Markets on roller coaster amid fear, hope, greed, Business News & Top Stories
SINGAPORE – The markets were on a roller coaster last week as the forces of fear, hope and greed collided.
Fear of inflationary forces put downward pressure on stocks, while hope of more long-term upside was fanned by signs of a sequential economic recovery.
Meanwhile, greed kept stocks grinding higher despite mixed signals from various data releases.
A positive close on Friday (June 11) saw the New York mainboard’s Dow Jones index cutting its loss to 276.79 points, or 0.8 per cent, for the week to end last Friday at 34,479.60 points.
However, the broader S&P 500 index ended flattish with a 17.55 point, or 0.4 per cent, gain for the week at 4,247.44 points. The tech-heavy Nasdaq, which has been volatile in recent weeks, gained 254.93 points, or 1.8 per cent, for the week to end last Friday’s session at 14,069.42 points, supported by the big techs and semiconductor stocks.
Singapore’s Straits Times Index (STI) ended at 3,157.97 points, up 5.93 points, or 0.2 per cent, for the week.
With about a 40-point range between its high (3,188.00) and low (3,145.79) since the end of last month, this is a comparatively calm start to the month. The banks, which account for 40 per cent of the index, were flattish during the week.
There were subtle signs of portfolio rotation since end May with the STI’s five strongest stocks over the previous month – Sats, CapitaLand Integrated Commercial Trust, Genting Singapore, Singapore Airlines and Mapletree Commercial Trust – showing signs of volatility. On the other hand, Yangzijiang Shipbuilding and Sembcorp Marine seem to be attracting more interest of late.
Technology stocks continued to be mixed.
AEM Holdings and Venture Corp saw combined net institutional and net proprietary outflows close to $8 million and $6 million respectively this month, while UMS Holdings and Nanofilm Technologies International saw net institutional and net proprietary inflows of $8 million and $6 million respectively.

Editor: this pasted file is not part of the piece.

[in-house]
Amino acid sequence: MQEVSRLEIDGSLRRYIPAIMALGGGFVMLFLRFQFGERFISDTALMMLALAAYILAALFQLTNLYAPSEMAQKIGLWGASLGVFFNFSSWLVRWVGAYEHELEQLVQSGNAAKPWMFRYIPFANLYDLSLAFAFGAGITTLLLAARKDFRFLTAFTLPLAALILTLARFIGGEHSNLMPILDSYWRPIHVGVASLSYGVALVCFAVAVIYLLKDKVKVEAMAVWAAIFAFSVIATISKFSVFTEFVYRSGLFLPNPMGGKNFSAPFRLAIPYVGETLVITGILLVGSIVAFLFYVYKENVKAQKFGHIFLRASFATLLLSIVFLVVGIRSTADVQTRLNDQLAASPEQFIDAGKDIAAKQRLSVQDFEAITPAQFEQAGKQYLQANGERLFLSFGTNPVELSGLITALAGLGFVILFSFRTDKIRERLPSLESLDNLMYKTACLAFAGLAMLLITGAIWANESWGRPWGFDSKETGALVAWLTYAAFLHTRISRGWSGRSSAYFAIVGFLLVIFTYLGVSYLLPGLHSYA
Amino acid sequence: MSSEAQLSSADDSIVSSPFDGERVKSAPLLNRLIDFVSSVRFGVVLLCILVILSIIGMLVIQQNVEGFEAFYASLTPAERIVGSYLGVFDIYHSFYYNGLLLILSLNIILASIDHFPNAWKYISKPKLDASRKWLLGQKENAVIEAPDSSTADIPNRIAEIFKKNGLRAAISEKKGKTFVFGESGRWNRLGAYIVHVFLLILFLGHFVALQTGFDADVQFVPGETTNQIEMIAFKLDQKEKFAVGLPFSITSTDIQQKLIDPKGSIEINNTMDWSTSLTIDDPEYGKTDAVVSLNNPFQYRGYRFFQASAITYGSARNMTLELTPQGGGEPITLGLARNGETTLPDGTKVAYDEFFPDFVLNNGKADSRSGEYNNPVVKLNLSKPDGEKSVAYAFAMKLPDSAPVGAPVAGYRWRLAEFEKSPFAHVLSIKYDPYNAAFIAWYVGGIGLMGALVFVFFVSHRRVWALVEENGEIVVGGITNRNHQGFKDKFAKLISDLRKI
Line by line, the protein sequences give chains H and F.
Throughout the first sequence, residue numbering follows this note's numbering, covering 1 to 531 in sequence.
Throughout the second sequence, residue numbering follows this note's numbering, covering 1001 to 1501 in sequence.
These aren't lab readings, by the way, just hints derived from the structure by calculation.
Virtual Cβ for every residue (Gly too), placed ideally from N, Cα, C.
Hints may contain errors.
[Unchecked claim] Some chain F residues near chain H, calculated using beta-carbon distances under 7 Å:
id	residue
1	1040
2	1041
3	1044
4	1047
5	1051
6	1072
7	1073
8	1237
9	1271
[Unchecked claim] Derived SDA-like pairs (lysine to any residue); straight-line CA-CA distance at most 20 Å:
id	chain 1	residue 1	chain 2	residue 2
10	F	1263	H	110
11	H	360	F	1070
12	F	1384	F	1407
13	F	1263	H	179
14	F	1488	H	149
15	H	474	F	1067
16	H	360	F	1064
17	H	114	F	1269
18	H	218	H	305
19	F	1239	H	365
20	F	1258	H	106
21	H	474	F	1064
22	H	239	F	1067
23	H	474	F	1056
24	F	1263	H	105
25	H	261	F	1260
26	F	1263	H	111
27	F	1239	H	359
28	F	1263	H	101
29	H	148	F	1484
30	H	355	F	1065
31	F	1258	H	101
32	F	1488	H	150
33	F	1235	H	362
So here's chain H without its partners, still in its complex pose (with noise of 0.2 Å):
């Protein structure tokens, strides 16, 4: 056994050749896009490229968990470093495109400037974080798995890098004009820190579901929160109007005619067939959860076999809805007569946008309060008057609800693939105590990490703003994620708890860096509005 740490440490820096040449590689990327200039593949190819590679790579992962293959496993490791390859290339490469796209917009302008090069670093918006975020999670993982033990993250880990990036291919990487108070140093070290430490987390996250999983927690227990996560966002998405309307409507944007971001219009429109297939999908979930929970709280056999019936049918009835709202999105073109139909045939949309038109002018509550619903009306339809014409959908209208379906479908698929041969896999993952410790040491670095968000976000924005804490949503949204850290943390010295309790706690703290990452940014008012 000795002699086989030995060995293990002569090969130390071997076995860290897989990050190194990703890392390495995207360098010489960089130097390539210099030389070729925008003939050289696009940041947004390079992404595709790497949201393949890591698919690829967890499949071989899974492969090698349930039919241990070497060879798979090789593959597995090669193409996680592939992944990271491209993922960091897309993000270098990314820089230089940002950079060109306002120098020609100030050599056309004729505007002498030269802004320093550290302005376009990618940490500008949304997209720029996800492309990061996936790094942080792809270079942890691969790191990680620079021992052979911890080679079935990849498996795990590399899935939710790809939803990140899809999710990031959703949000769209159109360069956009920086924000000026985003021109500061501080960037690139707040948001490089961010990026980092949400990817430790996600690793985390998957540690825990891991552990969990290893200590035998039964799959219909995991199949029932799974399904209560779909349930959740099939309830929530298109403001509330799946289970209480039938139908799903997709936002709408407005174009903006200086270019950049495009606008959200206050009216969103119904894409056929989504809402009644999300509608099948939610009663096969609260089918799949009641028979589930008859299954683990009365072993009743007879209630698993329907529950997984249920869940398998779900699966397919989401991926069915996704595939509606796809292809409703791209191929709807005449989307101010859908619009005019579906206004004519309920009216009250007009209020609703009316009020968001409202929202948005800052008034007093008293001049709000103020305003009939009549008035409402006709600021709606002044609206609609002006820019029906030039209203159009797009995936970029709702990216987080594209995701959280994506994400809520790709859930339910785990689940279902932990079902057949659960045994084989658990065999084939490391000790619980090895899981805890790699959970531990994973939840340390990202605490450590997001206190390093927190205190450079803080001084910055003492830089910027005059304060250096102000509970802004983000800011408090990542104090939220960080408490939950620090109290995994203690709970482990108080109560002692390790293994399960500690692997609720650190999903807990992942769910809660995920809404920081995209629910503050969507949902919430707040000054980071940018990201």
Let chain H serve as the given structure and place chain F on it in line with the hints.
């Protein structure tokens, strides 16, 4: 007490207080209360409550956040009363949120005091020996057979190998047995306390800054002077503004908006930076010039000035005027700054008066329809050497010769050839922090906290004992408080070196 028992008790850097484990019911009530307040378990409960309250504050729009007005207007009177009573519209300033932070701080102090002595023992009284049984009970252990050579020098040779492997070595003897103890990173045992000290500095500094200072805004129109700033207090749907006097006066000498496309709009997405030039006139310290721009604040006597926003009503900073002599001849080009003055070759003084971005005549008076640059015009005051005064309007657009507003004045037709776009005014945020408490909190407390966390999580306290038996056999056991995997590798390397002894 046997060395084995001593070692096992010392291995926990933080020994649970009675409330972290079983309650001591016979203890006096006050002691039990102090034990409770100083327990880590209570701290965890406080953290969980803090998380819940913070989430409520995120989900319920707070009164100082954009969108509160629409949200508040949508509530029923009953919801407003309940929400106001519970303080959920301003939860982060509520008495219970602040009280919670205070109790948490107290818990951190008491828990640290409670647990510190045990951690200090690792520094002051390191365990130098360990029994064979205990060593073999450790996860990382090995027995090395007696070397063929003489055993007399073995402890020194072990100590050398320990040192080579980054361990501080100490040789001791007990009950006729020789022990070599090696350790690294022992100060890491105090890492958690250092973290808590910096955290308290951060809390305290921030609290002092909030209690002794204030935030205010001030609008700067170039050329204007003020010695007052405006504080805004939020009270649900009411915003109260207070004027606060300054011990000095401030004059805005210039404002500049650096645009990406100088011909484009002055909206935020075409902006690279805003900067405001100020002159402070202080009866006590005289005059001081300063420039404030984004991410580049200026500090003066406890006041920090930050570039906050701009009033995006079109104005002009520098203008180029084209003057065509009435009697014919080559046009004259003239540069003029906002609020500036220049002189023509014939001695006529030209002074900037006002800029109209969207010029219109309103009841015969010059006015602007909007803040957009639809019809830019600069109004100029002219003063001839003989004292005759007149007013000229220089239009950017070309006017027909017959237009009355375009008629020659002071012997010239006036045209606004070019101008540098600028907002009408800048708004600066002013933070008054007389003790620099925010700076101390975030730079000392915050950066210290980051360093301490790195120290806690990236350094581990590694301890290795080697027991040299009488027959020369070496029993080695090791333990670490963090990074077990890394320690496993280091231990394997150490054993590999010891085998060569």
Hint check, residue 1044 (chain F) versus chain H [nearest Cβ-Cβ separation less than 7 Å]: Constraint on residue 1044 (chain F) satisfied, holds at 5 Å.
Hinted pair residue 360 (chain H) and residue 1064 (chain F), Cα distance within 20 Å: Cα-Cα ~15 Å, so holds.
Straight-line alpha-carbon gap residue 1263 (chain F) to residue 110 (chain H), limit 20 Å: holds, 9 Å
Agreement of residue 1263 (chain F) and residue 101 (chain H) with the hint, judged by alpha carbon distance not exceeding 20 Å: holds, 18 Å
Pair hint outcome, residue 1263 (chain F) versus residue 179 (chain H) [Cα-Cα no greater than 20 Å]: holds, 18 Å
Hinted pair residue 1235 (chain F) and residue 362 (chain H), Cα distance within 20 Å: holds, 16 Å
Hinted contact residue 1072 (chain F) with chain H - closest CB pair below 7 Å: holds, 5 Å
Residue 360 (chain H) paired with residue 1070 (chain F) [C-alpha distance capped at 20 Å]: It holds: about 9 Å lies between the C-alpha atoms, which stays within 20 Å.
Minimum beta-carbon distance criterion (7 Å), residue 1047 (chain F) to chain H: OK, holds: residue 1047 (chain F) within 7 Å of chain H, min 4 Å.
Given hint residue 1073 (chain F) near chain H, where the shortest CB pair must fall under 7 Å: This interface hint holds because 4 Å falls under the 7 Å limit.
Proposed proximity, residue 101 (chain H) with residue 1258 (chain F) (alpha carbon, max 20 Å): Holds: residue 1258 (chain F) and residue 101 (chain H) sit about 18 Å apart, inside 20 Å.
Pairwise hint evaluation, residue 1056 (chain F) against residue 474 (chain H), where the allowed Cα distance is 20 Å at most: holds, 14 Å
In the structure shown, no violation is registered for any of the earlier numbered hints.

Wing Tai Holdings and Hong Leong Asia were among the ST All-Share Index’s top performers.
Inflation remains the big concern for the market.
With last month’s United States consumer prices up 5 per cent year on year following a 4.2 per cent gain in April, there will be increased scrutiny of what the Federal Reserve will do next.
Analysts say the consumer price index numbers last month were nudged up by a narrow base.
“Recent inflation reads have been positively skewed by a small number of goods impacted by the pandemic,” said Mr Kelvin Tay, UBS chief investment officer for Asia-Pacific.
“The May reading, for example, was pushed higher by a 29.7 per cent year-on-year increase in the price of used cars and trucks, accounting for around a third of the overall rise in inflation. This appeared to be due to a shift away from public transport during the pandemic, combined with a dearth of fresh supply as fiscal support lowered the number of Americans defaulting on car payments and abnormal demand from car-leasing companies. Gasoline prices rose 56.2 per cent in the year to May.”
This week’s two-day Fed meeting starting on Wednesday will be closely watched for whether the central bank will shift its position on its tapering.
Fed boss Jerome Powell has always insisted that the priority is jobs, and with over 10 million Americans still jobless or underemployed, an immediate shift in position looks unlikely.
Also likely to calm markets is the fact that bond yields have fallen quite significantly over the past month from 1.7 per cent to just above 1.4 per cent now.
Mr Vasu Menon, executive director for investment strategy at OCBC Wealth Management, is also watching how other central banks respond to inflationary pressures.
“The Fed aside, markets will also be keep a watch on the Bank of Japan, the Swiss National Bank and the Indonesian central bank which will also meet to decide rates,” he said. “What they say about the inflation outlook and possible policy action will also have some bearing on the markets.”
On the data front, US May retail sales data is due tomorrow, and will be a key piece of information for the week.
China will be announcing a slew of key data for last month on Wednesday, including retail sales, industrial production and fixed asset investment. Markets are expecting the data to show a moderate slowdown as China tightens credit to reduce leverage in the economy. If the data turns out better than expected, it could offer some respite to investors worried about a sharp slowdown in China’s economy, said Mr Menon. If the data surprises on the downside, it may weigh on global markets, especially bourses in Asia.
Expect a volatile trading week ahead amid the continuing interplay between fear, hope and greed.